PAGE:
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Troubleshooting our relationship with nature

The subtropical wilderness of the Everglades – so quintessentially Florida – couldn’t be farther removed from the concrete jungles of New York and Philadelphia that artist Mark Dion calls home.

But Dion’s exhibition, “Troubleshooting,” has found a home at the USF Contemporary Art Museum (CAM) until March 3. The ecologically minded collection of installations, silkscreen prints, drawings and photographs has been a work-in-progress for almost 18 years. Included in the exhibit is “Herbarium,” Dion’s portfolio of seven photogravures of marine algae, which was produced at the USF Graphicstudio.

CAM curator Jane Simon said Dion’s work is a reflection on history and the changing environment.

“Landscape is a wild thing that we can encounter judiciously and not judiciously,” Simon said.

Dion’s study of William Bartram’s travelogues – which inspired him to travel extensively – as well as his understanding of natural science as it relates to history and culture are pervasive throughout “Troubleshooting.” He was particularly fascinated by the ecology of South Florida and, specifically, the Florida Everglades.

According to Dion, the title “Troubleshooting” refers to a frustration felt by the general public when artists assume they can make a difference in a community in which they do not live or work.

“I have a friend whose father is a corporate troubleshooter, and he goes to companies that are functioning very well, but there’s something that’s stopping them from reaching their potential,” he said. “But everyone in the company’s a little too close to see what that something is. Sometimes, they need an outside eye to come in and look at things a little bit differently and adjust the situation without the histories and prejudices and just tweak what’s already been working.”

While visiting the Fairchild Tropical Botanic Garden in Coral Gables, Dion saw the development and loss of wild lands happening simultaneously. He witnessed a secret society of young botanists at work.

These botanists would find out where the newest Walmart or housing development was being built and excavate the endangered plants in the area before bulldozers arrived. They would then relocate them to a more permanent environment.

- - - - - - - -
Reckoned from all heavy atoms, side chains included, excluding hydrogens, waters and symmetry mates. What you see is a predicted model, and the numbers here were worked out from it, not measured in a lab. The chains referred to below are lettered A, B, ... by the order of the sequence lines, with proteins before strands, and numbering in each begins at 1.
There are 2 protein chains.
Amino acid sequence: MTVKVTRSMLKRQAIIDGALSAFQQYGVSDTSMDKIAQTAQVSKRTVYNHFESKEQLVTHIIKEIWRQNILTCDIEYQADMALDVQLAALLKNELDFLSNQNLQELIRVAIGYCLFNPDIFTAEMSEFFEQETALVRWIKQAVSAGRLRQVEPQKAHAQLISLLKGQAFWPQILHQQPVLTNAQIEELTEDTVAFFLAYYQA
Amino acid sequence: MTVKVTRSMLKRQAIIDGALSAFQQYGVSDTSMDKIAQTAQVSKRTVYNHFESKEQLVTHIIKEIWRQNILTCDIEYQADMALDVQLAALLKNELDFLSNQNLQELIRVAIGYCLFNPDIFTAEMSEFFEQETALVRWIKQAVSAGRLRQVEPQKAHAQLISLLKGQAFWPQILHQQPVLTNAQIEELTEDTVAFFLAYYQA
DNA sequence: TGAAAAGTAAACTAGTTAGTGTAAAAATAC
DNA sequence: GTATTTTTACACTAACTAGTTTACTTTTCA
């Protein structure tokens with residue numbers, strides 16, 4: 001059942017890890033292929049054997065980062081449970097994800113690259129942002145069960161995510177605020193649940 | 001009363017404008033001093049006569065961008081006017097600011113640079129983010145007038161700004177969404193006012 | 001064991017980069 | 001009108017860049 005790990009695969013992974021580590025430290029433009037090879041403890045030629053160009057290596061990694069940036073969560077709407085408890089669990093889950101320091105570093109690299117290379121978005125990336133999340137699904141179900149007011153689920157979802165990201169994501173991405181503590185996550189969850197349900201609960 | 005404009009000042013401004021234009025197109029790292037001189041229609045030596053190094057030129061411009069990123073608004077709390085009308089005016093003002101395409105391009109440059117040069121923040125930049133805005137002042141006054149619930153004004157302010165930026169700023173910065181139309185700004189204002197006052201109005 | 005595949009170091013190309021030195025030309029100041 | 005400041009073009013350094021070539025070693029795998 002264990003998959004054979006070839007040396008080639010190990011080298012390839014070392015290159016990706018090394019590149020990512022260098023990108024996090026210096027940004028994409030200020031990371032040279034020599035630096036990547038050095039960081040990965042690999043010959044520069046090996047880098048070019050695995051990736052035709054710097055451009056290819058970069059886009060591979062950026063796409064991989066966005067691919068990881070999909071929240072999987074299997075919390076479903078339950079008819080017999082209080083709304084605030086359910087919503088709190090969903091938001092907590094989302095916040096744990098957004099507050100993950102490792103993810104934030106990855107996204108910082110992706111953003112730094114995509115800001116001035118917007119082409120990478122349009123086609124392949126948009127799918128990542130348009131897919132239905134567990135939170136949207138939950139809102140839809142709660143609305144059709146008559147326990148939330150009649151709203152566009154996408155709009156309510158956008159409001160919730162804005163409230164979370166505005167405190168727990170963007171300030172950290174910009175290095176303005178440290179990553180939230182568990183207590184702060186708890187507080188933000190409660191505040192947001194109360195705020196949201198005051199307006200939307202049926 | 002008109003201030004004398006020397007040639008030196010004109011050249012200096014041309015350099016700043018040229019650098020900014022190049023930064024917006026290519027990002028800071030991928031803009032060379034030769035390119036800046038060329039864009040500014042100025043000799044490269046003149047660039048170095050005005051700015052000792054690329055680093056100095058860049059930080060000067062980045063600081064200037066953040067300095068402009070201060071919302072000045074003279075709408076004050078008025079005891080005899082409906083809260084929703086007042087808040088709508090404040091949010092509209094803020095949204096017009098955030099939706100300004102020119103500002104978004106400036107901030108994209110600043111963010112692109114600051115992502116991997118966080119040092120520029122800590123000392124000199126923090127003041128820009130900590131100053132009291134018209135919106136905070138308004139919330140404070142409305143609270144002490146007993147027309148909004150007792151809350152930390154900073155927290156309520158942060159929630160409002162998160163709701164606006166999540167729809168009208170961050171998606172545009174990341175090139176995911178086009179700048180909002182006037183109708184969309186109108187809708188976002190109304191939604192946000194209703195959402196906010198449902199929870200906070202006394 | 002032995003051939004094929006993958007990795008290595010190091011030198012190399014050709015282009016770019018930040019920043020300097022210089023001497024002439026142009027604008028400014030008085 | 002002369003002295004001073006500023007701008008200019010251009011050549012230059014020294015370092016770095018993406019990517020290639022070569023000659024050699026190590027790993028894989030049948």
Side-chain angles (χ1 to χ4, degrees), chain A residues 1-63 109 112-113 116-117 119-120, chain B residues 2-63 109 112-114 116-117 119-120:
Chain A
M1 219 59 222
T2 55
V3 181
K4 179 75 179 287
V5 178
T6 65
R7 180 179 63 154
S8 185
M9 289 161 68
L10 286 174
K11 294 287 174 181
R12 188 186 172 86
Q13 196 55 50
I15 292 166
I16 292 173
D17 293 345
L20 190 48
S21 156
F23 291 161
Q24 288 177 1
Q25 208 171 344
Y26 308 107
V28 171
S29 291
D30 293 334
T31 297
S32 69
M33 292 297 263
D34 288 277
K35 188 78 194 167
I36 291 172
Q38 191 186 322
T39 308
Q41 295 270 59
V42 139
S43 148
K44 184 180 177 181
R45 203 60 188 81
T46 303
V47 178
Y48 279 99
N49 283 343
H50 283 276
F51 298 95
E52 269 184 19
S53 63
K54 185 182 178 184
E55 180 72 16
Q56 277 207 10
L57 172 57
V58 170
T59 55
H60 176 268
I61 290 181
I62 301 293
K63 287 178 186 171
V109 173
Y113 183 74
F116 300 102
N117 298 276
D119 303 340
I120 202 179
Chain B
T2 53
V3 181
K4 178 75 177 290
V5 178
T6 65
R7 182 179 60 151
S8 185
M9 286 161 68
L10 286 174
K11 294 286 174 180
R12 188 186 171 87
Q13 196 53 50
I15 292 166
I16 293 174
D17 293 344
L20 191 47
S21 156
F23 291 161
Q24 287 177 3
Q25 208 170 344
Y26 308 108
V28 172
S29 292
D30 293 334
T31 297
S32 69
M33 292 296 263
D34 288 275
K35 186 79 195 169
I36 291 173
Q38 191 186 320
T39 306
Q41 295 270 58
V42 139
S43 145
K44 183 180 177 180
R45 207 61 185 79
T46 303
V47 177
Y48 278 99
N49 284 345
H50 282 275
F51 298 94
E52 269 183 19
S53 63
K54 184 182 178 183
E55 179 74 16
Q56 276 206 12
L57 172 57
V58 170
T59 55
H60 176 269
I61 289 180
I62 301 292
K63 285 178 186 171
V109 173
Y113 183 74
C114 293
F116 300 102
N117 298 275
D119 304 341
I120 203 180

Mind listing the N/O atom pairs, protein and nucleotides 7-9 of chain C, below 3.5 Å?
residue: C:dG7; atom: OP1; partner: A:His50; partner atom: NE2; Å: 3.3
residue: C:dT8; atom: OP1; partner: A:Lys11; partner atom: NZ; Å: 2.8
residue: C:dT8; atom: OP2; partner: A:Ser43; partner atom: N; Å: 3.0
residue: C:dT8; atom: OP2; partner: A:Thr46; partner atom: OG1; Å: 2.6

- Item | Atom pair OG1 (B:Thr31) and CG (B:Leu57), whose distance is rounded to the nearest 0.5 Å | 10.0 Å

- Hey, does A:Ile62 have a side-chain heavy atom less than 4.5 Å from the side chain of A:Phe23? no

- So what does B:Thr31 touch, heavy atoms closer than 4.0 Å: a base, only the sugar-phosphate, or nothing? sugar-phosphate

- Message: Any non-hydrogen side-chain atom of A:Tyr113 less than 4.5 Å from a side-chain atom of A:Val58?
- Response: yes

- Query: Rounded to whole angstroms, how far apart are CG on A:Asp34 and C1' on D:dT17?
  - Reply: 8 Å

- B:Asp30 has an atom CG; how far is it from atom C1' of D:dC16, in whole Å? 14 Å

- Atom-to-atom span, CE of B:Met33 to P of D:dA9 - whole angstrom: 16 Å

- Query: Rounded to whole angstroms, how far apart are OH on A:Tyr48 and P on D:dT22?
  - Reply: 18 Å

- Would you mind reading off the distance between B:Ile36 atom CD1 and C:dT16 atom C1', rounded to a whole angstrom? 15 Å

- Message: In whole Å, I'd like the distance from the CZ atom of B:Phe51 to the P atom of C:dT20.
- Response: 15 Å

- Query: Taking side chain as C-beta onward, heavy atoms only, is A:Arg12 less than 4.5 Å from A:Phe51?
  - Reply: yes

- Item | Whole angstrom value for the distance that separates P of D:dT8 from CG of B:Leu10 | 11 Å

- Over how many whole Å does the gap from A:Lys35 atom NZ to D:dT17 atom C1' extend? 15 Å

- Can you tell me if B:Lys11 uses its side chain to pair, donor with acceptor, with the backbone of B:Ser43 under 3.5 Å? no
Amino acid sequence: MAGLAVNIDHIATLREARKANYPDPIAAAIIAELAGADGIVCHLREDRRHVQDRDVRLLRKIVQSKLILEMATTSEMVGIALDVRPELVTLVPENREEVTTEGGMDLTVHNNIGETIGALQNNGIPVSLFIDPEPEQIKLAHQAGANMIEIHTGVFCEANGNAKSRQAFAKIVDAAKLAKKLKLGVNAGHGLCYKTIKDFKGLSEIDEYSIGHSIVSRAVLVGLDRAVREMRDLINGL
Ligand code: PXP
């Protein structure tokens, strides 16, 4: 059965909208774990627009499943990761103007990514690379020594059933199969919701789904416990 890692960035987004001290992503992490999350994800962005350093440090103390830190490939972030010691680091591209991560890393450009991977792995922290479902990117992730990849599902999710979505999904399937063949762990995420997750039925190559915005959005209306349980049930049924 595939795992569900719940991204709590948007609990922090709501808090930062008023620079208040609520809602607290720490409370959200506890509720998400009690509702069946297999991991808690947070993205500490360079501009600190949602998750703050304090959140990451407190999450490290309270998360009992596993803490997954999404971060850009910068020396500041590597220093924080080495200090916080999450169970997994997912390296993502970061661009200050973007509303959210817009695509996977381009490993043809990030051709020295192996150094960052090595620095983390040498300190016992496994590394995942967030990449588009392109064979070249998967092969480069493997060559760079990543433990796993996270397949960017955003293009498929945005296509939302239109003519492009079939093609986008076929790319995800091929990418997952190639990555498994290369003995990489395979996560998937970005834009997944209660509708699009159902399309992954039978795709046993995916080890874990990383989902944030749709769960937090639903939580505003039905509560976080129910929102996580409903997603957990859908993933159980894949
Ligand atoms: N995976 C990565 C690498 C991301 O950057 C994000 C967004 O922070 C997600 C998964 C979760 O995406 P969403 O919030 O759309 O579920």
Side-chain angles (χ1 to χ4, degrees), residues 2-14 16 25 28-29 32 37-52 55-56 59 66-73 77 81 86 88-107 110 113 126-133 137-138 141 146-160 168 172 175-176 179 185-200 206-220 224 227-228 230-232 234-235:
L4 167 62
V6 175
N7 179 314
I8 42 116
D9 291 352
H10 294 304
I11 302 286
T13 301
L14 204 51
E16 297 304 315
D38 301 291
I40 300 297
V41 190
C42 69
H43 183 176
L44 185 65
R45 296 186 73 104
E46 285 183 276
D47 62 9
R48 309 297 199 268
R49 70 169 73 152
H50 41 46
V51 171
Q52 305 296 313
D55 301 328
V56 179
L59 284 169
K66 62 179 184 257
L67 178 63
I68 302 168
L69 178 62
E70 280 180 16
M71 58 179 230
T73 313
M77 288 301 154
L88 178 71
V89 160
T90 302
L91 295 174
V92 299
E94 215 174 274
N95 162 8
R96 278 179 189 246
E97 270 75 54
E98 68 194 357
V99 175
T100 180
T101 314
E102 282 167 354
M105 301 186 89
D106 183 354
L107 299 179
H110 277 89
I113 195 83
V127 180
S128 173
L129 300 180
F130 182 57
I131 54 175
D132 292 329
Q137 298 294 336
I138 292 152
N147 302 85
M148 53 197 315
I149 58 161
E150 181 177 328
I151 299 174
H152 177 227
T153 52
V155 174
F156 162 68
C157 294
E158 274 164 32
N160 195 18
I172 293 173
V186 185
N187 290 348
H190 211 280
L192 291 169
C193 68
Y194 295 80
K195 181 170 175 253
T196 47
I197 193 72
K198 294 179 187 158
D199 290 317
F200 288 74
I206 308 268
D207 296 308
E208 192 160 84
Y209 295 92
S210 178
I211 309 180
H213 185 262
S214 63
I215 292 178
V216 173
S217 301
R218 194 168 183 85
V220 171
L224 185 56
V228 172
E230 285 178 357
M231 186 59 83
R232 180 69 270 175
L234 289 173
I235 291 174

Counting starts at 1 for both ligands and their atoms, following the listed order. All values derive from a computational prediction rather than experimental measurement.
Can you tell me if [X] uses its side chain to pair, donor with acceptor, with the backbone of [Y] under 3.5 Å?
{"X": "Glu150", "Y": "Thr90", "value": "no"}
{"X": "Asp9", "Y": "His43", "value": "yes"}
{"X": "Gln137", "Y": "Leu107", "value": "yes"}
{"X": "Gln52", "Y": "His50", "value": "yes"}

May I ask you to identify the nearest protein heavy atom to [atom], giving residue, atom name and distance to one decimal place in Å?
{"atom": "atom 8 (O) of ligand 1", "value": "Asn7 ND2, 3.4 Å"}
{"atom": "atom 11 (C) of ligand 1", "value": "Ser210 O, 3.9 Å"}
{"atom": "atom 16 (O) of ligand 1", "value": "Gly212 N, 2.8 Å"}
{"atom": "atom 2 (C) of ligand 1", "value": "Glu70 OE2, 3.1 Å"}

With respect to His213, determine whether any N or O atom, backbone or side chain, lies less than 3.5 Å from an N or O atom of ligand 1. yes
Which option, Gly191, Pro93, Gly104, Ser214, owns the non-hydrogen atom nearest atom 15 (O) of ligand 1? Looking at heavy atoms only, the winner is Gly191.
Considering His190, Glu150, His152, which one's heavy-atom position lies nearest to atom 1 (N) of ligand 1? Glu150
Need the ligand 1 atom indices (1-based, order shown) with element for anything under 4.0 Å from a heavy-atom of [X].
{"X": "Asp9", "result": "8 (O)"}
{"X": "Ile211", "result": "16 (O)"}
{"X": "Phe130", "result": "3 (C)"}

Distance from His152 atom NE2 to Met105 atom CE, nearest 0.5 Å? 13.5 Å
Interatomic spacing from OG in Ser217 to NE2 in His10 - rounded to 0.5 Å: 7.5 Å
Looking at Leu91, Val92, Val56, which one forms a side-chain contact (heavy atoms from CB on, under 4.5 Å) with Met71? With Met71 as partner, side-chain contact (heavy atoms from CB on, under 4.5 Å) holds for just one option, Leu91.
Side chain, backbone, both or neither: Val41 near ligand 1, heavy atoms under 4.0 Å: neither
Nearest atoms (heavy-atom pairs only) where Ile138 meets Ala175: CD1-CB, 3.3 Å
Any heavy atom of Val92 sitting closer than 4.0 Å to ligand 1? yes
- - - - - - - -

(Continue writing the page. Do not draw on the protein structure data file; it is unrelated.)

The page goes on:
This secret environmental army was the inspiration for Dion’s installation piece, “South Florida Wildlife Rescue Unit.” The piece includes two fully uniformed mannequins and a bright yellow mobile laboratory truck – stocked with actual equipment, tools and books.

Miami Art Museum curator Ren Morales, who was involved in the creation of “South Florida Wildlife Rescue Unit,” said the mobile laboratory represents the human dilemmas and anxieties that have resulted from ecological damage in Florida.

“Human attitudes of this place have evolved and changed,” he said. “They’ve oscillated from a real disdain for the Everglades, to the much more utopian attitude most of us have now towards this really special, unique ecosystem.”

Morales said that “plant politics” are constantly at play in the relationships between humans and nature.

“Different ideologies and attitudes go along with the history of human gathering,” he said. “In the 1910s in the Everglades, botanists would gather a carload of specimens out of the swamp. But you’d be more likely to see poachers gathering plants, bird feathers and animals out of the swamp. There’s a two-sided nature of humans taking things out of a natural environment.”

Shannon Buchanan, a senior majoring in studio art, said while a political and environmental conscience is at the forefront of “Troubleshooting,” the exhibit maintains characteristics of contemporary art.

“A lot of people would come here thinking it’s not art,” she said. “But when you take into account the experience he went through, it encompasses a lot more than what’s here in the gallery. Especially in contemporary art, a lot of artists take a role in society as a person who has experience and shares it with everyone else. This follows in that tradition.”

Dion said he is interested in creating a parallel between displaying natural history and art material – both of which are exhibited in museums.

“It’s interesting to think of parallels and the differences,” he said. “It’s all about the object of study. When put into a contemporary art context, the systems of display become on display, not the object of study. It invites a critical reflection on how nature is represented within any context.”

In a time of ecological crisis, Dion set out to create a visual reaction that is simultaneously creative and informative. He said that this is the basis of art making.

“It’s about making a contribution to nature in a visual way. This is a futuristic project,” he said. “It’s about imagining a culture that could exist – a culture that demonstrates a relationship to the natural world that is not about extraction or bio-degradation, but about fostering something in a very positive way.”